In the early 1900’s, pianist and composer Percy Grainger began thinking about the type of music that might describe both England’s time and place - a sort of national sound, if you will. 

 

You may know Ana Gasteyer from her six years on Saturday Night Live, or from the movies, Broadway, or the TV show Suburbia. She's performing tonight at 7:30 at Interlochen Center for the Arts, in a show based around her album, I'm Hip.  We asked Ana to pick out a couple of her favorite tracks for the album and tell us more about the music.

To see Ana Gasteyer tonight, visit: tickets.interlochen.org.


Enjoy our IPR programming changes

Oct 2, 2015

IPR asked listeners like you for program input, and as a result we've added new shows and rescheduled old favorites. IPR News Radio now includes more airings of TED Radio HourStudio 360 and Splendid Table on the weekends, and IPR Classical has added Show Tunes with Kate Botello, Global VillageRiverwalk Jazz and The New Jazz Archive

Today in 1964, Van Cliburn conducted at Interlochen

Aug 26, 2015

Van Cliburn's visit that year produced a recording of Serenade to Music that wound up on a record produced by RCA Victor. It was called Van Cliburn Conducts.

Cliburn visited Interlochen throughout the 1960s. But his show with the Interlochen Youth Orchestra had a last minute problem. There was no choir.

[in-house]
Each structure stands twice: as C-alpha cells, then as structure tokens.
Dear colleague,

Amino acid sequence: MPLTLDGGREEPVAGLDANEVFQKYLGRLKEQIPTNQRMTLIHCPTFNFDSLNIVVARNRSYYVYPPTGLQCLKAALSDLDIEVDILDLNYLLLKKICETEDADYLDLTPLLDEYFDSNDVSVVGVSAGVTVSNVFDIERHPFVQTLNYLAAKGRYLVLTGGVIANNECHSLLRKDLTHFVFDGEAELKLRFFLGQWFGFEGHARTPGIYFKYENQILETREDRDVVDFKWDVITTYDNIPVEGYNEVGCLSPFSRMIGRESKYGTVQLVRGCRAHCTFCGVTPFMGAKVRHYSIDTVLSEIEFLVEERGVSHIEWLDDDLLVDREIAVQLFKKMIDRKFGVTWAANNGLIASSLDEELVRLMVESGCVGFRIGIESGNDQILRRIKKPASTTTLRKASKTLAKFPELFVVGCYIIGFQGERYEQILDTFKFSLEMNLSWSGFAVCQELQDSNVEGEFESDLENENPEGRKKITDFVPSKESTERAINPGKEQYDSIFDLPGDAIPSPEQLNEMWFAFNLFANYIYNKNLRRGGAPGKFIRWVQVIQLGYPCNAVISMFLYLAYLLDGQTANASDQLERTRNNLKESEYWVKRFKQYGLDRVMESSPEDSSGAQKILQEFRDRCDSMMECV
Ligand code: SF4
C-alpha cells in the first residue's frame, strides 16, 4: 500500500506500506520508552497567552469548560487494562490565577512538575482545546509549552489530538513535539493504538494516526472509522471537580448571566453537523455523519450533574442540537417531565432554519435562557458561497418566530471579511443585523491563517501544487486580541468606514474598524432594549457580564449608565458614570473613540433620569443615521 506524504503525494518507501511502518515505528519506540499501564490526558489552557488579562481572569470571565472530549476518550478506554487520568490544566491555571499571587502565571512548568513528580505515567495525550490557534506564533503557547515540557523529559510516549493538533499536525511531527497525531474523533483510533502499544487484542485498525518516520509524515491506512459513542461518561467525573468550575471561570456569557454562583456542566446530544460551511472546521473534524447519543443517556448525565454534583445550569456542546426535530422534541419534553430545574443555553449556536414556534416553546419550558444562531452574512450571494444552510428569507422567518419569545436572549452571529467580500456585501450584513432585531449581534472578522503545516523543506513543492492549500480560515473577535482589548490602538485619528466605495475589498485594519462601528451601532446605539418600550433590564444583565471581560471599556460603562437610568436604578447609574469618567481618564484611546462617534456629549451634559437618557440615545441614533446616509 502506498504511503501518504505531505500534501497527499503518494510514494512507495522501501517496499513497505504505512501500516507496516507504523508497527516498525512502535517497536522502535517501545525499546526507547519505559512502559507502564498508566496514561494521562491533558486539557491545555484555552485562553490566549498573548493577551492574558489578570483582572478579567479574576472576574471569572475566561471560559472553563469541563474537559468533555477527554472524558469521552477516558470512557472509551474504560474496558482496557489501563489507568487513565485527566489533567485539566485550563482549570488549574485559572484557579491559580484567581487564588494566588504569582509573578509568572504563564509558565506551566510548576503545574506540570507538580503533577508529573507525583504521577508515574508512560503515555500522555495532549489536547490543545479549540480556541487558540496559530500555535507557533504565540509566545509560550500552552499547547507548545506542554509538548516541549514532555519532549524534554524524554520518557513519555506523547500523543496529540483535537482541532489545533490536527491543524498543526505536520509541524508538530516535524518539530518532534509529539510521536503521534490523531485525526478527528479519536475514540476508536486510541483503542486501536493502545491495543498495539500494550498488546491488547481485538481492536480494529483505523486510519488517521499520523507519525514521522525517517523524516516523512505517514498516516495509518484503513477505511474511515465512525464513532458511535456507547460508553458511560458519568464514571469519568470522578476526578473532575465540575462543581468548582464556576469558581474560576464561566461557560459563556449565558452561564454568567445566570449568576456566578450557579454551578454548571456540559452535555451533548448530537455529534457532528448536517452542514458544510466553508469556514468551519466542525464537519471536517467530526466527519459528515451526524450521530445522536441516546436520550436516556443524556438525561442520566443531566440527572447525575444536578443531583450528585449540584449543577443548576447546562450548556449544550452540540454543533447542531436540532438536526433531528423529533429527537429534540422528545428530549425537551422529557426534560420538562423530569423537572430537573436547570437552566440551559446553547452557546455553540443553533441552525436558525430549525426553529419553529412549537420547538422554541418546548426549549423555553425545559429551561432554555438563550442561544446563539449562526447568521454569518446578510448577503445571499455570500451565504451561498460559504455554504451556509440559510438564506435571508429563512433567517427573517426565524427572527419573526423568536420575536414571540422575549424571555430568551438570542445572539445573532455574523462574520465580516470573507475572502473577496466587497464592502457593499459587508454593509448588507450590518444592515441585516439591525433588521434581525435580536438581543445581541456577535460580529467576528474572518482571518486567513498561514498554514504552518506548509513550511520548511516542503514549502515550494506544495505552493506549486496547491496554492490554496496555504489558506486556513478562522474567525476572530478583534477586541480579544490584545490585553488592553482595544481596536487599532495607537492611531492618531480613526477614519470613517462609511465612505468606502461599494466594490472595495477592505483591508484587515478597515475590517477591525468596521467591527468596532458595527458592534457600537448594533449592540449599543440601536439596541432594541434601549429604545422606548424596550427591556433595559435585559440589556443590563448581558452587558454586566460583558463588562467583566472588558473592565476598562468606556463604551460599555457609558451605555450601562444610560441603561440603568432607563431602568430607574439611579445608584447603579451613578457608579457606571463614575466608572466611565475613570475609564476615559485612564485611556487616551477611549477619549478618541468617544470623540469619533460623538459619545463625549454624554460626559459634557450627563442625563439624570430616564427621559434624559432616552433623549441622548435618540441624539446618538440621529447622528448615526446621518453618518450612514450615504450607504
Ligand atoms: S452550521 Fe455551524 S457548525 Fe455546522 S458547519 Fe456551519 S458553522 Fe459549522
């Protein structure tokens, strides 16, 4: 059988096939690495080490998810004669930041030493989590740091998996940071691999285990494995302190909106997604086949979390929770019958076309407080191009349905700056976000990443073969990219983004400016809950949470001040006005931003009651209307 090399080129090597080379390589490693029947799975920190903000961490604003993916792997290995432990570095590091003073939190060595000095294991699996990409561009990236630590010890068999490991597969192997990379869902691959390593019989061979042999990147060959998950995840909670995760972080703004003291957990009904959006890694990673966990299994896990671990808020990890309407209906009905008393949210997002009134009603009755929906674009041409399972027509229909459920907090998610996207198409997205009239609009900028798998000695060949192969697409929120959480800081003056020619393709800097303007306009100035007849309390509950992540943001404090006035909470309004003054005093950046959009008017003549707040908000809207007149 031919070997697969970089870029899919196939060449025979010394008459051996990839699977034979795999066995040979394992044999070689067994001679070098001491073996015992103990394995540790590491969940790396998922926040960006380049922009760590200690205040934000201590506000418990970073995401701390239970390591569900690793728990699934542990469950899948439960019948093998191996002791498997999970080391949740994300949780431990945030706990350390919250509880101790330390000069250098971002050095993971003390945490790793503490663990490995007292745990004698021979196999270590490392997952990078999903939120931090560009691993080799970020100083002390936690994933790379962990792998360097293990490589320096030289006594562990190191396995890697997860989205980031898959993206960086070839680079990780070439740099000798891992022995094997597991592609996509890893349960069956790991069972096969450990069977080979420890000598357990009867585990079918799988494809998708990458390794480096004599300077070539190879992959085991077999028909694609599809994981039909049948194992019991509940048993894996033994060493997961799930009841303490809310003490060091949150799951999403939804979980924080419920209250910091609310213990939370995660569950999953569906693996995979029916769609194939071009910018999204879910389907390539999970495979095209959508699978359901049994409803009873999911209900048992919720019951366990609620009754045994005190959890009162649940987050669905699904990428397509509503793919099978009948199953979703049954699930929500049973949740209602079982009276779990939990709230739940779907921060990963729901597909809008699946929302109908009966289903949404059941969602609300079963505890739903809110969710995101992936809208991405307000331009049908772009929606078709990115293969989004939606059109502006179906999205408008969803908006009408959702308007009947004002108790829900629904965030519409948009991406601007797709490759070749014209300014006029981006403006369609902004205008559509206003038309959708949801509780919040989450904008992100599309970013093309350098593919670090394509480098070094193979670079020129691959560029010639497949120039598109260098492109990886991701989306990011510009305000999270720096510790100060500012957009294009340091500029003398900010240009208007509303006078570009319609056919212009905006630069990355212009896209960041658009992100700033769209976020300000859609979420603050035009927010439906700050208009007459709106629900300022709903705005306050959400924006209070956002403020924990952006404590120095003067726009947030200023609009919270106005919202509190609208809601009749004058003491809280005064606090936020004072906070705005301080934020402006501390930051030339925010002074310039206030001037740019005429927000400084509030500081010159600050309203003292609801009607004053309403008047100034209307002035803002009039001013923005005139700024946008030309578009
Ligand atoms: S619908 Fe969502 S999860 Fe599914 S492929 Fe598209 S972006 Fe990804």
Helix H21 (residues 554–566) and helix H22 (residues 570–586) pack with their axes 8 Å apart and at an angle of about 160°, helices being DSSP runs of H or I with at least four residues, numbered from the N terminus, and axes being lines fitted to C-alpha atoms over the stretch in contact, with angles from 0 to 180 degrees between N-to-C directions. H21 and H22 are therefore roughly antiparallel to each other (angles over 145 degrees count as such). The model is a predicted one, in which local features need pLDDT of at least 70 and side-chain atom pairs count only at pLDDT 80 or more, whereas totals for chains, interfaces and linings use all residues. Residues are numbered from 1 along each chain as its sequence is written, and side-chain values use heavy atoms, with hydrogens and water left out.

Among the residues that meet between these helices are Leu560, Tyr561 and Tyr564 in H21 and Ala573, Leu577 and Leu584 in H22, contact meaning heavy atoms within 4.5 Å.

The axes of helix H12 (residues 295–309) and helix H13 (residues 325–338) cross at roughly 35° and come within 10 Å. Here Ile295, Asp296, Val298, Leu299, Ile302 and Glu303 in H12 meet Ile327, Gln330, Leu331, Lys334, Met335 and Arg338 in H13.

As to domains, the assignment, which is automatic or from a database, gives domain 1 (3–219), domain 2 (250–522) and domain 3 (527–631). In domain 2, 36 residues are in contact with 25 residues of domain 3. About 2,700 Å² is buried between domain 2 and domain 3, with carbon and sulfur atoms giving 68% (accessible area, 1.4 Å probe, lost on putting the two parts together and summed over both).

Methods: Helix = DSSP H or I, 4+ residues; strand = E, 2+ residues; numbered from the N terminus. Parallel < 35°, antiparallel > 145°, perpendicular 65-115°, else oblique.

Interlochen’s archivist, Byron Hanson, says the concert was scheduled for the week after camp let out and by that time most of the choir had gone home. So they had to assemble a choir from the community.
 

This week the Green Room celebrates the ukulele, a sweet sounding little instrument with a growing fan base all over the world. Plus, Kate Botello plays something unexpected.

Garrison Keillor will visit Interlochen during his farewell, "America the Beautiful" tour on July 28.
A Prairie Home Companion

Garrison Keillor, the creator and host of "A Prairie Home Companion,” announced his forthcoming retirement yesterday.

He’ll call it quits after the conclusion of next year’s season in the fall of 2016. Keillor will continue to be involved with the show, serving as executive producer. 

Garrison Keillor has hosted A Prairie Home Companion since 1974.

Linda Stephan

 

Yana Dee is not your typical seamstress.